in
Movement Disorders
volume
31
issue
Suppl. S2
pages
1 pages
publisher
John Wiley & Sons
conference name
20th International Congress of Parkinson's Disease and Movement Disorders
ISSN
0885-3185
DOI
10.1002/mds.26688
language
English
LU publication?
yes
id
f167e4d5-95bb-4e32-aef0-c7f2b23b6eaa
date added to LUP
2017-07-04 16:03:03
date last changed
2017-10-04 03:00:12
@misc{f167e4d5-95bb-4e32-aef0-c7f2b23b6eaa,
  abstract     = {Objective: To investigate the possible disease-association and pathogenic mechanisms of heterozygous PINK1 mutations from a genetic, functional, and structural perspective. Background: It has been postulated that heterozygous mutations in recessive PD genes may increase disease risk. In particular, the PINK1 p.G411S mutation has been reported in families with dominant inheritance patterns, suggesting that it might confer a sizeable disease risk. Methods: We performed a pedigree analysis of seven patients with a heterozygous PINK1 p.G411S mutation with at least one additional affected family member. We screened five case-control series and performed a meta-analysis of previous studies that had examined the variant. For functional cell-based analyses, we used patients skin fibroblast from PINK1 p.G411S or p.Q456X heterozygotes and investigated endogenous protein levels and kinase activity by biochemistry and imaging. For structural analyses, we performed molecular modeling and generated monomeric and dimeric forms of wild type (WT) and mutant PINK1 protein. Using molecular dynamics simulations, we analyzed effects of the p.G411S mutation on WT PINK1 in a heterodimeric complex over time. Results: Our analyses revealed a genetic association of heterozygous PINK1 p.G411S mutation with an increased risk for PD and a possible dominant inheritance with incomplete co-segregation. In patients skin fibroblasts, we establish a dominant negative mode for heterozygous p.G411S mutations under endogenous conditions. While total PINK1 protein levels were similar to controls upon mitochondrial stress, cellular PINK1 kinase activity was significantly reduced in p.G411S heterozygotes compared to WT and importantly to p.Q456X heterozygotes, which resulted in 50% reduction of PINK1 protein levels. Structural analyses supported our hypothesis that the p.G411S mutation can poison PINK1 WT in a heterodimeric complex and thus effectively reduce cellular PINK1 kinase activity. This in turn impairs the protective functions of the PINK1/PARKIN-mediated mitochondrial quality control. Conclusions: Our study uncovers increased disease risk and molecular mechanisms of a particular heterozygous mutation in a recessive PD gene. Based on genetic and clinical evaluation as well as functional and structural characterization, we established PINK1 p.G411S as a rare genetic risk factor with a relatively large effect size conferred by a dominant negative function phenotype.},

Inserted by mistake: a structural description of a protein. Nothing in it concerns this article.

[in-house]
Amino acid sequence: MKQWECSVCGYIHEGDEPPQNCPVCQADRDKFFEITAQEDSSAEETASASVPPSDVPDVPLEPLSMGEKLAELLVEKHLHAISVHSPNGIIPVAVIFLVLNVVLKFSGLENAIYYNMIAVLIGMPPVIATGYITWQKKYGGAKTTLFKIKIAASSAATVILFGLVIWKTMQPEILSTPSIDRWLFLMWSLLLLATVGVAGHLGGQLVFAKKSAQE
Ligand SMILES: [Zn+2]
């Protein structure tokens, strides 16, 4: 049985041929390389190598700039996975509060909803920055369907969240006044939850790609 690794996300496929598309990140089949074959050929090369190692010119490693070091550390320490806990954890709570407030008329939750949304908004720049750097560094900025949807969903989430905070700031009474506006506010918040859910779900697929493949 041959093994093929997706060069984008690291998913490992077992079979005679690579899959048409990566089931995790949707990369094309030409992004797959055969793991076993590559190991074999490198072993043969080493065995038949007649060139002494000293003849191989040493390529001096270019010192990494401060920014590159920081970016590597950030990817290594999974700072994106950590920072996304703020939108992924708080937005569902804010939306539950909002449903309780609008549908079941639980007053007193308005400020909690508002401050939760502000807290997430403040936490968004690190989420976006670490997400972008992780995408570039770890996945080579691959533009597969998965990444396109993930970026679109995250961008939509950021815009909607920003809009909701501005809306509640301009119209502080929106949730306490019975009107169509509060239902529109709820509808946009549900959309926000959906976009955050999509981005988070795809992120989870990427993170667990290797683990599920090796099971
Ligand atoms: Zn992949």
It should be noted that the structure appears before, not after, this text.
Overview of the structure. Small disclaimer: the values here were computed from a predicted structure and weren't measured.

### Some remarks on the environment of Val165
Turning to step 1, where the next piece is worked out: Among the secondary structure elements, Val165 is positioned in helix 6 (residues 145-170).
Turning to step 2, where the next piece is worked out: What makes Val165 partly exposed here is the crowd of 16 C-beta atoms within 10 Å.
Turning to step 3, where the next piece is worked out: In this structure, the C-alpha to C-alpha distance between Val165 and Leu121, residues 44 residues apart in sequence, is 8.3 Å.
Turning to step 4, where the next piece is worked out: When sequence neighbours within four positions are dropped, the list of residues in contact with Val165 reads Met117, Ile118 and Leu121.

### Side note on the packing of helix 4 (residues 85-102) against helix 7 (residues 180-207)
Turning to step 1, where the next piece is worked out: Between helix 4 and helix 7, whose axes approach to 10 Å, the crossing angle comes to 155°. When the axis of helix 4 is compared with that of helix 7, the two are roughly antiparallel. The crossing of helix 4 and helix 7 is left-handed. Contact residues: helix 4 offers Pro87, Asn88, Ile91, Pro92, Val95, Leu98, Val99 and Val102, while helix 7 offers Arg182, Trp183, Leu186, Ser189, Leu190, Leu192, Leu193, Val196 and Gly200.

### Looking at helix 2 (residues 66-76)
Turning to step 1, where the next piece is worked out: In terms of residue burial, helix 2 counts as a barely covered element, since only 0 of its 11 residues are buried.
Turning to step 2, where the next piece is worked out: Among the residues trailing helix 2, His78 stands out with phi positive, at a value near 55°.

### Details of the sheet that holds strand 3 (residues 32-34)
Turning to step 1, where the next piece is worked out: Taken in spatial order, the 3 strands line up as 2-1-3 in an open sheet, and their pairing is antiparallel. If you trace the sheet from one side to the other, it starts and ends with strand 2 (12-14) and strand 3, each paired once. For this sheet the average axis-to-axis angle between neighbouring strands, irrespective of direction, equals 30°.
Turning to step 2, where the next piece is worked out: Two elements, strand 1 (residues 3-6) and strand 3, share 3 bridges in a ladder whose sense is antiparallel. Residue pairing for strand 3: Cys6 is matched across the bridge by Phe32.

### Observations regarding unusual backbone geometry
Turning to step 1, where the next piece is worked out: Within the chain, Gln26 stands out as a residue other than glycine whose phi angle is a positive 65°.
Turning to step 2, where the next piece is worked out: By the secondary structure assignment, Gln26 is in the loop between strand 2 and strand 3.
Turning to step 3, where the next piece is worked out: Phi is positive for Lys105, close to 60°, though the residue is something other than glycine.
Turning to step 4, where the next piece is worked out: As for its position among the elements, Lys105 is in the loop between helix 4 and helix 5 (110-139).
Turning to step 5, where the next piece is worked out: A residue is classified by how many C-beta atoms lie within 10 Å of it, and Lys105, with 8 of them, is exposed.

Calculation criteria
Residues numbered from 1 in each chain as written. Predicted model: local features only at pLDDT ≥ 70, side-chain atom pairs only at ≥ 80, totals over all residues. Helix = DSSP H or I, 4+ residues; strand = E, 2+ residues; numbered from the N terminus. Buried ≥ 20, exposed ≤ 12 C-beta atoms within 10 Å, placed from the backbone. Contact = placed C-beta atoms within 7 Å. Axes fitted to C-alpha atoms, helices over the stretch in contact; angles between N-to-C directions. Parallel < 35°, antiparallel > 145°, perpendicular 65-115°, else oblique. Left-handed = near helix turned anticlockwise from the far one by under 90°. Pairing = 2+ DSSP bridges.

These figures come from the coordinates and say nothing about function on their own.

author       = {Springer, W and Puschmann, A. and Fiesel, Fabienne C and Ando, Maya and Caulfield, Thomas R and Ogaki, K. and Heckman, M. G. and Hudec, Roman and James, Elle D and Opala, G. and Siuda, J and Boczarska-Jedynak, M. and Friedman, A. and Koziorowski, Dariusz and Aasly, Jan O. and Lynch, T. and Mellick, G. D. and Mohan, M. and Silburn, P. A. and Sanotsky, Y and Vilariño-Güell, C and Farrer, M J and Dawson, T M and Wszolek, Z K and Ross, O A},
  issn         = {0885-3185},
  keyword      = {dimer,endogenous compound,heterodimer,parkin,phosphotransferase,poison,protein,biochemistry,clinical evaluation,controlled study,dominant inheritance,effect size,family study,gene inactivation,gene mutation,genetic association,genetic risk,genetic susceptibility,heterozygote,human,imaging,meta analysis,mitochondrion,molecular dynamics,molecular model,Parkinson disease,pedigree analysis,phenotype,population based case control study,quality control,skin fibroblast,stress,structure activity relation,wild type},
  language     = {eng},
  note         = {Conference Abstract},
  number       = {Suppl. S2},
  pages        = {282--282},
  publisher    = {John Wiley & Sons},
  series       = {Movement Disorders},
  title        = {Heterozygous PINK1 p.G411S mutation increases risk for Parkinson's disease (PD)},
  url          = {http://dx.doi.org/10.1002/mds.26688},
  volume       = {31},
  year         = {2016},
}